Van Hollen said Lautenschlager’s recent public support for the Open Records Law should ensure her prompt response to his request. Just this week, Lautenschlager filed suit against a Republican legislator alleging he took too long to respond to one of her requests. “I would expect to receive the requested information within ten business days,” Van Hollen said. “That is if her office isn’t too busy filing more frivolous, partisan nuisance lawsuits.” [Van Hollen Press Release, 5/9/06]
MADISON, Wis. — Wisconsin Attorney General has yet to fulfill a One Wisconsin Now open records request for communications his office had with members of the state legislature and interests inside and outside of Wisconsin in the weeks leading up to his attempt to file a partisan lawsuit to block implementation of the historic health insurance reform bill passed by Congress in March.
“Candidate JB Van Hollen said open records requests should be filled within ten days,” said Scot Ross, One Wisconsin Now Executive Director. “Partisan Attorney General JB Van Hollen has chosen to flip flop to keep these records about who was pulling his strings unavailable for public scrutiny.”
During his 2006 campaign, Van Hollen criticized federal lawsuits undertaken by the Wisconsin Department of Justice from Plan B contraception, No Child Left Behind and clean air regulation. Van Hollen also filed an open records requests in 2006 about several federal actions taken by then-Attorney General Peg Lautenschlager, going so far as to document his opposition on a now-defunct website LeaveNoSpecialInterestBehind.com.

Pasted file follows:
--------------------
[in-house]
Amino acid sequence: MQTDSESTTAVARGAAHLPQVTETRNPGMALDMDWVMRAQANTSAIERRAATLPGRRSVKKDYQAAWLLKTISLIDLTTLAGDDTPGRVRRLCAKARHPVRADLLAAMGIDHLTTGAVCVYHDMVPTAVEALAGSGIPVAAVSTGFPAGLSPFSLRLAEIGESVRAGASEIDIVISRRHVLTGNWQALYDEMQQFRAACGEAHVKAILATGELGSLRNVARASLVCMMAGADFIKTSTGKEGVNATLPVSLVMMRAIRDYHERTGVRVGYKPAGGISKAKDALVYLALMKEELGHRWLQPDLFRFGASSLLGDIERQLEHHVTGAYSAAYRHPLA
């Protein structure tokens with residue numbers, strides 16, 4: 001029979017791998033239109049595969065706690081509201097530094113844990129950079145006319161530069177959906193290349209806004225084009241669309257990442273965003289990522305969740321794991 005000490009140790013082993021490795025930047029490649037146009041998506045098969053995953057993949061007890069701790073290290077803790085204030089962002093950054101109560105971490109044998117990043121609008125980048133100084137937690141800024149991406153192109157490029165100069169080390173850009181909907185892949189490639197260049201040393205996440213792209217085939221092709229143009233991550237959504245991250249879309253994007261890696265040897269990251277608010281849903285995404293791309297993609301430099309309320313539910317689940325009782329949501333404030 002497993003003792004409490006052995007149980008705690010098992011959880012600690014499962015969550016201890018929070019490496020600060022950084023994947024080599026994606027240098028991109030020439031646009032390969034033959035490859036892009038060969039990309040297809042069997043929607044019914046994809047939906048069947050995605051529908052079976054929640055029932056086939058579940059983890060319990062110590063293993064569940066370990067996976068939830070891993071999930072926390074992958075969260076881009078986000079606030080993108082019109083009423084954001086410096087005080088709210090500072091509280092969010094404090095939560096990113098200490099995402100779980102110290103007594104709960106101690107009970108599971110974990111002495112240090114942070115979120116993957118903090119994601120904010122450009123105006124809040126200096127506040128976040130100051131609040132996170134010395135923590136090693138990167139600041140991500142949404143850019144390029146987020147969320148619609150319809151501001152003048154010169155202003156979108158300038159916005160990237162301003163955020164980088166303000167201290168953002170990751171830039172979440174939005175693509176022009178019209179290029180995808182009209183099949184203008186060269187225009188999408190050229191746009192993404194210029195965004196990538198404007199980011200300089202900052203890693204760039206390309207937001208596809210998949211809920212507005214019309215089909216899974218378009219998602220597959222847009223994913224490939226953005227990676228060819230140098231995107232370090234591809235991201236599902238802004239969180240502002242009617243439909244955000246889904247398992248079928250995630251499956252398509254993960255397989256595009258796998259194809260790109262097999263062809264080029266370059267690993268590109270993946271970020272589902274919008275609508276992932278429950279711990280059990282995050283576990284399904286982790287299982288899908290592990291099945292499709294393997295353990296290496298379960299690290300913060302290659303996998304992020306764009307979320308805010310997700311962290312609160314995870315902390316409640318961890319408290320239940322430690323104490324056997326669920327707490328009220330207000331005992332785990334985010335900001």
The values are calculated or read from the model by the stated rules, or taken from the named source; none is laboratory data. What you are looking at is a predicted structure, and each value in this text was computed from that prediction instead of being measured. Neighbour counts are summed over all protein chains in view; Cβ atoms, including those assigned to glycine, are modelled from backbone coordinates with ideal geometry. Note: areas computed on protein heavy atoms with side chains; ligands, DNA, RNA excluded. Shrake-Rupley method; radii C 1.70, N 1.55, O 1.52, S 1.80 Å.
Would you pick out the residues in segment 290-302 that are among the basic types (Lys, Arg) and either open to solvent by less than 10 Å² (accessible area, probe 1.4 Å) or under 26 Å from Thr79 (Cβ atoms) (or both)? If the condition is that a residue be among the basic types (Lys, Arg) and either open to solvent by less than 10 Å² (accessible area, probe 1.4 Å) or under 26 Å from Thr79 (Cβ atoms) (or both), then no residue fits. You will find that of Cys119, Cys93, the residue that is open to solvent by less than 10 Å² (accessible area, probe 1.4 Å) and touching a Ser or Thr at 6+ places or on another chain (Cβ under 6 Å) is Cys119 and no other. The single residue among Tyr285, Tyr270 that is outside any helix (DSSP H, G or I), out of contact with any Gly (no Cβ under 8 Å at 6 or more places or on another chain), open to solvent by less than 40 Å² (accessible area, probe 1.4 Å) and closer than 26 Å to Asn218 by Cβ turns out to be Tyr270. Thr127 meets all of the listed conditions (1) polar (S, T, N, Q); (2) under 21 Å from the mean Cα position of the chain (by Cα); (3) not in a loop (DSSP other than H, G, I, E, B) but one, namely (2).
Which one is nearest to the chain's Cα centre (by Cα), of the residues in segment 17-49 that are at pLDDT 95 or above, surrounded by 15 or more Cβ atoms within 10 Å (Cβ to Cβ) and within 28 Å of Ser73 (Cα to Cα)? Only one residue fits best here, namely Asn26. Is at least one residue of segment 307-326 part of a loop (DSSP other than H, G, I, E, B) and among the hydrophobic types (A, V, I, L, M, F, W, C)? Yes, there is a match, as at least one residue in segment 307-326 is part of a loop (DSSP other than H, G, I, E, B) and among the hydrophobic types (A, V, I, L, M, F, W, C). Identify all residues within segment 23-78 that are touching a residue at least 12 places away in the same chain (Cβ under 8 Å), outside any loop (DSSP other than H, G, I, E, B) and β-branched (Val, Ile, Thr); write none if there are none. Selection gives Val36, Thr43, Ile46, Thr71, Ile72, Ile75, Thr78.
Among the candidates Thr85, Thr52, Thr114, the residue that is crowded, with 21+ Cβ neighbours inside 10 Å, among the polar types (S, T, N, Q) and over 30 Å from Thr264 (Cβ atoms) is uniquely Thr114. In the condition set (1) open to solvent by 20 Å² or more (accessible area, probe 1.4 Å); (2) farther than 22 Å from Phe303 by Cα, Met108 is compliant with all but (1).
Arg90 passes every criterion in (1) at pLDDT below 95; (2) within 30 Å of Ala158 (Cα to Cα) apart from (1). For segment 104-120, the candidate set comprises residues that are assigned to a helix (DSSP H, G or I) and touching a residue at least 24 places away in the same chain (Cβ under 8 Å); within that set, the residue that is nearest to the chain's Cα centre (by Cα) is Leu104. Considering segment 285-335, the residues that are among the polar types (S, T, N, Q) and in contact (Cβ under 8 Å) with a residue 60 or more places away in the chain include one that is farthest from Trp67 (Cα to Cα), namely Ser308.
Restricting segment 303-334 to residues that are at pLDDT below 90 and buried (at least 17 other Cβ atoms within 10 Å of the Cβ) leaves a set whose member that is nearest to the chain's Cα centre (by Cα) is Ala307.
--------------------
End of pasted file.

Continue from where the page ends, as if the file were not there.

“Before he tries to change the federal laws, Van Hollen ought to follow Wisconsin’s laws,” said Ross. “He needs to release these records and deal with the repercussions for his actions.”
Van Hollen’s efforts to intervene in the partisan lawsuit are by no means his first use of taxpayer-financed DOJ resources to serve the Republican Party. In 2008 while serving as state co-chair of GOP nominee John McCain’s campaign, Van Hollen filed a lawsuit which could have disenfranchised hundreds of thousands of legal Wisconsin voters after pressuring from GOP
Madison leaders. Open records requests in 2008 showed a top Van Hollen aide had “multiple conversations” with Republican Party of Wisconsin Chair Reince Preibus preceding Van Hollen’s intervention in that case.
Other Republican Attorneys General have engaged in similar stall tactics to keep information about how broad the national conspiracy to use taxpayer-financed state departments of justice to serve the interests of powerful Republican partisans and thwart the will of the American people, who support ending the stranglehold insurance companies have on the health care.